• Thermohaline circulation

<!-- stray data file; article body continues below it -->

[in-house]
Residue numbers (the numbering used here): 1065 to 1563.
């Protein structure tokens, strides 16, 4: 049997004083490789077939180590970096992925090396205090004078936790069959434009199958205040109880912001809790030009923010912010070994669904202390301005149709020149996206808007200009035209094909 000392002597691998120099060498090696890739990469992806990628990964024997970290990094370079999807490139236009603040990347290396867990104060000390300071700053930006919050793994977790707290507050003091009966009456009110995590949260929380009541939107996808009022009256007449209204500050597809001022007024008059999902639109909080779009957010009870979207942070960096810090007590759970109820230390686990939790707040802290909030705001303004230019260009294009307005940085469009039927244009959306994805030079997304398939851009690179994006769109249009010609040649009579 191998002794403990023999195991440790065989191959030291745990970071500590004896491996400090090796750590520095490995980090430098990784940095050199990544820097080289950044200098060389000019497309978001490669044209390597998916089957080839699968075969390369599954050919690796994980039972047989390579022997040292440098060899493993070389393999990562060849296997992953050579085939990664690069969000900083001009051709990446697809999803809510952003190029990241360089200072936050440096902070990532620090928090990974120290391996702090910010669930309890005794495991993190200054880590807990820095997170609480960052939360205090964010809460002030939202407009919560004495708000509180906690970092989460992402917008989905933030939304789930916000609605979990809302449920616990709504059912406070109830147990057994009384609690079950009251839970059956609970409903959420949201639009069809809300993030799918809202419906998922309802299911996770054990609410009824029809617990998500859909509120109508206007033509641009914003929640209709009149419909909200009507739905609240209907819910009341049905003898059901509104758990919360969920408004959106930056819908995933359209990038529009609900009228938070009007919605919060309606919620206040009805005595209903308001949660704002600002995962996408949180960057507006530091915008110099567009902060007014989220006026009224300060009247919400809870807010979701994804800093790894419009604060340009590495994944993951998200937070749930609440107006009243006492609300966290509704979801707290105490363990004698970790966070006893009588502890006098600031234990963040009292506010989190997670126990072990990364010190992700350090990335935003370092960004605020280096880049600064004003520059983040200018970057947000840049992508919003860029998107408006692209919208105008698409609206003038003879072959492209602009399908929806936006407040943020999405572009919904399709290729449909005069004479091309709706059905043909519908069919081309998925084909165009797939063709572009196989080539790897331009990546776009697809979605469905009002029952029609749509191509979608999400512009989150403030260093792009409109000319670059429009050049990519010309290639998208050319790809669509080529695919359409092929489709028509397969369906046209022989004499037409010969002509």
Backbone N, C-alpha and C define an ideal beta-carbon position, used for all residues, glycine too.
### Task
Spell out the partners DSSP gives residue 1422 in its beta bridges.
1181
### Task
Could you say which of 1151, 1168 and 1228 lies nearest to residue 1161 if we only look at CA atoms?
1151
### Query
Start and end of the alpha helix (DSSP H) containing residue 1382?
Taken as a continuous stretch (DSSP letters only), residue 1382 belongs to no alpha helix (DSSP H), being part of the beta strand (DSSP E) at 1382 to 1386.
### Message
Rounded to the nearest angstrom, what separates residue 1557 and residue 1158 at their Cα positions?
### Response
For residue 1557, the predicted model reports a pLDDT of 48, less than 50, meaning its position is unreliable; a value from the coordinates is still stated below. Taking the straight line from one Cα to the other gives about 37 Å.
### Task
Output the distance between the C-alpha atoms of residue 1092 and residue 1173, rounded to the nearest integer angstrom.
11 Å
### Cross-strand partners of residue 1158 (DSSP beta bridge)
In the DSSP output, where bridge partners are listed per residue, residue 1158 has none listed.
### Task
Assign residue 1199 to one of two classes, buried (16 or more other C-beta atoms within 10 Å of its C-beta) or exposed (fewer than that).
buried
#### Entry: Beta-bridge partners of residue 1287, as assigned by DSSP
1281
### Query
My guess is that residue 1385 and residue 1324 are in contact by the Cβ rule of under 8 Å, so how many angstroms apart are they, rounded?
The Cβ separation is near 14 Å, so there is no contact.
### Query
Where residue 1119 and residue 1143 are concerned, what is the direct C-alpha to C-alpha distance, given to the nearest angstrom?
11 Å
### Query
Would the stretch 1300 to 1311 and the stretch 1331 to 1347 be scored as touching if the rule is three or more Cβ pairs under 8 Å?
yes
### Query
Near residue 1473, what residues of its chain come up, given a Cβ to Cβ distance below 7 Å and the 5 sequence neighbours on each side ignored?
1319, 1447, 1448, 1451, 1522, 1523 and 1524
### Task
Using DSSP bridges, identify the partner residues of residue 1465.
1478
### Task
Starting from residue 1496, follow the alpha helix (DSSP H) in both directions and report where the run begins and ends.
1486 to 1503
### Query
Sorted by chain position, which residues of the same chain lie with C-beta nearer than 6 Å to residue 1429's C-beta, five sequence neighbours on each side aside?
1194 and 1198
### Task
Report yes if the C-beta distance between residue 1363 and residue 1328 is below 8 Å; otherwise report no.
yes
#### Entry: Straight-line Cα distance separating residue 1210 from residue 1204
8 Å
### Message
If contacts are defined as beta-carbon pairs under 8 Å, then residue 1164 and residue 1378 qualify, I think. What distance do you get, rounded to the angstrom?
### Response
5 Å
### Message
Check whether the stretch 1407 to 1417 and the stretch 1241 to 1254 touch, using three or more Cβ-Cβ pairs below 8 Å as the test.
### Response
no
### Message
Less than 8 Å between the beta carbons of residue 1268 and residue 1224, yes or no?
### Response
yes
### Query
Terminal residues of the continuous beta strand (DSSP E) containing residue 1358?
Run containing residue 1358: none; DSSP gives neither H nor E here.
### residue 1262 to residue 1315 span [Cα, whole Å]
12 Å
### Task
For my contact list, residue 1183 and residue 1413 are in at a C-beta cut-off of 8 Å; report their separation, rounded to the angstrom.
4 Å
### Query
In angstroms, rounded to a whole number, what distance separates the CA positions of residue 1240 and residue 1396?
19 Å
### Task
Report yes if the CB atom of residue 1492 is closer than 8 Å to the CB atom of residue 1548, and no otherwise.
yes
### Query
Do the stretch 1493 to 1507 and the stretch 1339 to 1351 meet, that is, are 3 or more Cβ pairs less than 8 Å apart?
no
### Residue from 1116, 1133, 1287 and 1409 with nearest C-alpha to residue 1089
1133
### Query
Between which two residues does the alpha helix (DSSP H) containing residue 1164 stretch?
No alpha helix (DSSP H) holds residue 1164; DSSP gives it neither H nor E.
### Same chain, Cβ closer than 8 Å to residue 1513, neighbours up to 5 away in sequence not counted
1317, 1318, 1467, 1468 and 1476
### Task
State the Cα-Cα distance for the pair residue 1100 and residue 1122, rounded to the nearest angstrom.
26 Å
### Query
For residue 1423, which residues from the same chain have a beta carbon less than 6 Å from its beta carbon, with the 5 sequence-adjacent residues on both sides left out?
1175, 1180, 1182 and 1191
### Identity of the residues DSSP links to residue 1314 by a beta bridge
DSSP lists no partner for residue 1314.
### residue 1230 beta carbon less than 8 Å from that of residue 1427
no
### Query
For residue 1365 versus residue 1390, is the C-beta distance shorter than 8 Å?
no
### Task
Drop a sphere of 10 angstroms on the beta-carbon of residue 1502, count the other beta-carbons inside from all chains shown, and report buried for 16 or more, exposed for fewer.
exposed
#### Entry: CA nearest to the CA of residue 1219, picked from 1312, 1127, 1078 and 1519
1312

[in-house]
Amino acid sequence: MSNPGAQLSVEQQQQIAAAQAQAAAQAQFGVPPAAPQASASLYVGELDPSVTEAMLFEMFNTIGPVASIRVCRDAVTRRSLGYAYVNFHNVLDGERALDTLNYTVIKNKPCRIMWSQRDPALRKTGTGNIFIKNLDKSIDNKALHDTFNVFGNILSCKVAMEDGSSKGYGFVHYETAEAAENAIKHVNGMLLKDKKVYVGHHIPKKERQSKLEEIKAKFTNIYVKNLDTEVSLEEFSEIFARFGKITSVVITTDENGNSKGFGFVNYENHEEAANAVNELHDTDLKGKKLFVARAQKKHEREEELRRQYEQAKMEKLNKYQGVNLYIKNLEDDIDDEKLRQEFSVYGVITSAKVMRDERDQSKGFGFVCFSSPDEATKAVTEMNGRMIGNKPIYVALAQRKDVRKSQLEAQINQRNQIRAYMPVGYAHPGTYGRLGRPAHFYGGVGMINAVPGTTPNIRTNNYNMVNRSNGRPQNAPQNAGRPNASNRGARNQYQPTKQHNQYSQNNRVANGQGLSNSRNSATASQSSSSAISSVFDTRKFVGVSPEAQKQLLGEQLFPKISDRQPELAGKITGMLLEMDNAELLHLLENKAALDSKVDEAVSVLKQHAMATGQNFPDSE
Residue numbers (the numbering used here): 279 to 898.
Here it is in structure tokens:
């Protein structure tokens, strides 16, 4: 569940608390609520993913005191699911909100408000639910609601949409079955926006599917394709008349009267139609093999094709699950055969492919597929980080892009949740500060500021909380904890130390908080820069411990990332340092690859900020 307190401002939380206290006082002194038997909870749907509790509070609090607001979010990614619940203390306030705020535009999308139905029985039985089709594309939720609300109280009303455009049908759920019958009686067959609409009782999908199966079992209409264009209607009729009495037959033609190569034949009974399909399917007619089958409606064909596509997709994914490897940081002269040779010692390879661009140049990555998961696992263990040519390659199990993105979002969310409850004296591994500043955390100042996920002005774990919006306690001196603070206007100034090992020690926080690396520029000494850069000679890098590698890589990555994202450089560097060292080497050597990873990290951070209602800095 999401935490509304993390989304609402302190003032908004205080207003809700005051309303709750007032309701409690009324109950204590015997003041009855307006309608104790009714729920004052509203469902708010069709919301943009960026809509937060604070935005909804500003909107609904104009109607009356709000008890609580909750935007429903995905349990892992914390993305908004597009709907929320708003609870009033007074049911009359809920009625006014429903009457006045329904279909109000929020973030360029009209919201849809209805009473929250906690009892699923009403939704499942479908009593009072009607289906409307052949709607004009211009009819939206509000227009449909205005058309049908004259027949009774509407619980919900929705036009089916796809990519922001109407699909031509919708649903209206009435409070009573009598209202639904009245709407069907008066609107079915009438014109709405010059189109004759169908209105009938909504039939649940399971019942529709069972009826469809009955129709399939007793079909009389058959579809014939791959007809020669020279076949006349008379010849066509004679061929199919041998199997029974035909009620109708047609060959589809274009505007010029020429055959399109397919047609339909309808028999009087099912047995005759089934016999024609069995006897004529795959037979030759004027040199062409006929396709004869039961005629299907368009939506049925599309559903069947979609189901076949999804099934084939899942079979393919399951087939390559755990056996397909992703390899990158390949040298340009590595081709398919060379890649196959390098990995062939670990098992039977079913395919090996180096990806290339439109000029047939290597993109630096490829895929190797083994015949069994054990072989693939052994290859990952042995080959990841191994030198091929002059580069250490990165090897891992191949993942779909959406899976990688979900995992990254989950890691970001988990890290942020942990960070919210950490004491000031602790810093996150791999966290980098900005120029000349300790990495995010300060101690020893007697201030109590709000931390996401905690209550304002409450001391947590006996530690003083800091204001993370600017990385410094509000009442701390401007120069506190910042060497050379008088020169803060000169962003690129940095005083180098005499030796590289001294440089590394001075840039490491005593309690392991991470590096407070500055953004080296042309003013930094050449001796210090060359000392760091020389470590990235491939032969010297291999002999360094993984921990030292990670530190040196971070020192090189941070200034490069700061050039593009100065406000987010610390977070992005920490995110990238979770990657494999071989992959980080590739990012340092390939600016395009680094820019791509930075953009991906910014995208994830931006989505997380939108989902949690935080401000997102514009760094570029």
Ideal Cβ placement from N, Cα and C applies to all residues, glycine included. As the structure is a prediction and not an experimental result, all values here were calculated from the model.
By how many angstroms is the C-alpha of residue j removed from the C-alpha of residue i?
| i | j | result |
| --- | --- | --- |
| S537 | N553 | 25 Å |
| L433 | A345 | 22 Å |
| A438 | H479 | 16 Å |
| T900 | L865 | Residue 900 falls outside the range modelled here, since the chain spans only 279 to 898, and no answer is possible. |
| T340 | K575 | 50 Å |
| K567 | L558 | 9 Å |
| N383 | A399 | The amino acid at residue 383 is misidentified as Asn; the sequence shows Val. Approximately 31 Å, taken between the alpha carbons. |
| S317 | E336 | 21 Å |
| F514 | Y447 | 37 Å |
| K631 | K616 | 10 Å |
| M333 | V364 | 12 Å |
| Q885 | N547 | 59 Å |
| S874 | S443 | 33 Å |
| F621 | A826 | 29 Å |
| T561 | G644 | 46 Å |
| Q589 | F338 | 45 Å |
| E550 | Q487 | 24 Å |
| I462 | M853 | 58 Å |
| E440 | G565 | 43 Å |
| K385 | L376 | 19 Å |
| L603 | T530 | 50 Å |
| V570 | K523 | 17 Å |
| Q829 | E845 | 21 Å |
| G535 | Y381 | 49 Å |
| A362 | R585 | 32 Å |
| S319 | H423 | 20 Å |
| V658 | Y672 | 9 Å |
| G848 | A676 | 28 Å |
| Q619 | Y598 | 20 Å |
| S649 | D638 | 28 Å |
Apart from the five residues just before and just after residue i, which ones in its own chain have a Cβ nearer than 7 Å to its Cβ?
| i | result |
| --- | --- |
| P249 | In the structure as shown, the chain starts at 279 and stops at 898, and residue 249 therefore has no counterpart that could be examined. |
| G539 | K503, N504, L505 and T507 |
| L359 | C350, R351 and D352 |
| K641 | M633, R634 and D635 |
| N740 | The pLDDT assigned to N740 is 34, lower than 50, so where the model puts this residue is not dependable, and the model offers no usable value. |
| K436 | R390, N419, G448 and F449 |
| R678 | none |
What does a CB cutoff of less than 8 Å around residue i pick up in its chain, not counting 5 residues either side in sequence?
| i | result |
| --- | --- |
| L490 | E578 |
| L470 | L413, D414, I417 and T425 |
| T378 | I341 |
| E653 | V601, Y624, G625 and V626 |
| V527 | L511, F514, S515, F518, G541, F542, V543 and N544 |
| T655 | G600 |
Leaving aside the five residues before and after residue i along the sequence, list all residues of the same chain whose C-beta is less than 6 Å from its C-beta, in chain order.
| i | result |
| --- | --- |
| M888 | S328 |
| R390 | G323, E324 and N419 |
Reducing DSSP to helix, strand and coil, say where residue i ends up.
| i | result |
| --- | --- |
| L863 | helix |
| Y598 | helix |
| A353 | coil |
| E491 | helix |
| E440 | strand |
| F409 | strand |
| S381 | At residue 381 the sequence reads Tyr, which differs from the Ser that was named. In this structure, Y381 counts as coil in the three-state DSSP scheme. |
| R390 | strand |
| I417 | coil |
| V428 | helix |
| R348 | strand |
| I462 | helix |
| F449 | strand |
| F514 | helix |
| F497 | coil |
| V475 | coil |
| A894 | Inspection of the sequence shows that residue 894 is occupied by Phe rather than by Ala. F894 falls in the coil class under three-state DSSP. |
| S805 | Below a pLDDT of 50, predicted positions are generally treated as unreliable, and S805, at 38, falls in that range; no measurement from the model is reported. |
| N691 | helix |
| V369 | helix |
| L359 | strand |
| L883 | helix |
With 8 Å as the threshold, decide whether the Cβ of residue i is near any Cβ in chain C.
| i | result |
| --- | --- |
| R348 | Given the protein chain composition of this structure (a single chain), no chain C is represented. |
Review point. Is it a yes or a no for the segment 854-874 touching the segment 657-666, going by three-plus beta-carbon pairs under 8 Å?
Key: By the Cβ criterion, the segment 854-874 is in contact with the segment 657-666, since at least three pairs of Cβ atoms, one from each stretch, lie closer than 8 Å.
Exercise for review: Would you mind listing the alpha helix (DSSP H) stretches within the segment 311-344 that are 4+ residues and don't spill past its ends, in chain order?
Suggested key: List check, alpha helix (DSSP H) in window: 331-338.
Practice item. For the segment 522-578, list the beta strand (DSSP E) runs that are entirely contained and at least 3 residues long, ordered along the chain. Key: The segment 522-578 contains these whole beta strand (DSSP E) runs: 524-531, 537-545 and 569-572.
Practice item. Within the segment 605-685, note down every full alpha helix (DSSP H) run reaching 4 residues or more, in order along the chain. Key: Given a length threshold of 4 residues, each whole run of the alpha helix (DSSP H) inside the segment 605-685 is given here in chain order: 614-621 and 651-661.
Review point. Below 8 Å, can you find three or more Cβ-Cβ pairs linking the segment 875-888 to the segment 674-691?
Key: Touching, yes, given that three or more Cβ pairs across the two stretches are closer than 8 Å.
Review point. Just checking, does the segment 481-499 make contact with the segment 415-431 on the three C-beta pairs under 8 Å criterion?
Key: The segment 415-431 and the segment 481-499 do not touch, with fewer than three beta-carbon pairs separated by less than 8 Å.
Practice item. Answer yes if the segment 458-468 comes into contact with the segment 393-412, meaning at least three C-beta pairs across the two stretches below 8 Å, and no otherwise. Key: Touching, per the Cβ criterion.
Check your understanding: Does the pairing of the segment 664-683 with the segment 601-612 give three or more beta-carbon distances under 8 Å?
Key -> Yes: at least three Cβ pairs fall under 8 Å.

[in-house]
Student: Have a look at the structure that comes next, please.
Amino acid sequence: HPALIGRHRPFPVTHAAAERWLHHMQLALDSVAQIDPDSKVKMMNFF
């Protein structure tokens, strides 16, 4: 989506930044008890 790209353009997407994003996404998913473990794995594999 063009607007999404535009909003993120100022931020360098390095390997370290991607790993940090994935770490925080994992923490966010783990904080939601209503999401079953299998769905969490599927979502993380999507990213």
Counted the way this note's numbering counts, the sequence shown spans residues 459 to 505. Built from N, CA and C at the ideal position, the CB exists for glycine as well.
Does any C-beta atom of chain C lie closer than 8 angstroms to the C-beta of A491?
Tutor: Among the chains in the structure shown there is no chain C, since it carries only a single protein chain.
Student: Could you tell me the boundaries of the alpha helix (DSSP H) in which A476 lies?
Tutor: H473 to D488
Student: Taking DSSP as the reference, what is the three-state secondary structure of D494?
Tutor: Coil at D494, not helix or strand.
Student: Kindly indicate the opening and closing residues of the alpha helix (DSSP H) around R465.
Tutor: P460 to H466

An ocean general-circulation model with an orthogonal curvilinear grid is presented, with the grid north pole over Greenland to achieve improved resolution in the Greenland and Labrador Seas. The model is integrated for 4500 years in five different experiments, with open and closed connections to the Arctic via the Bering Strait (BS) and Canadian Archipelago (CA). When the BS and CA connections are open the Atlantic overturning circulation has a realistic strength (20 Sv), whereas there is stronger overturning with either (25–31 Sv) or both (39 Sv) the connections closed due to additional deep-water formation in the Labrador Sea. The volume fluxes across the Greenland–Iceland–Scotland ridge are reasonably close to those observed with the two connections either open or closed. With only the BS closed, low-salinity waters leave the Arctic via the CA, giving a weak East Greenland Current, whereas with only the CA closed deep-water formation in the Nordic Seas is weak due to the passage of excess low-salinity water originating from the Pacific via the BS. The simulations suggest that both the CA and BS connections to the Arctic Influence the North Atlantic circulation. Closing the BS reduces the effective freshwater input to the Arctic, leading to a strong Atlantic overturning circulation. Closing the CA leads to increased salinity in the Labrador Sea, and additional deep-water formation. It is therefore recommended that both these seaways should be represented in ocean general-circulation models. Copyright © 2002 Royal Meteorological Society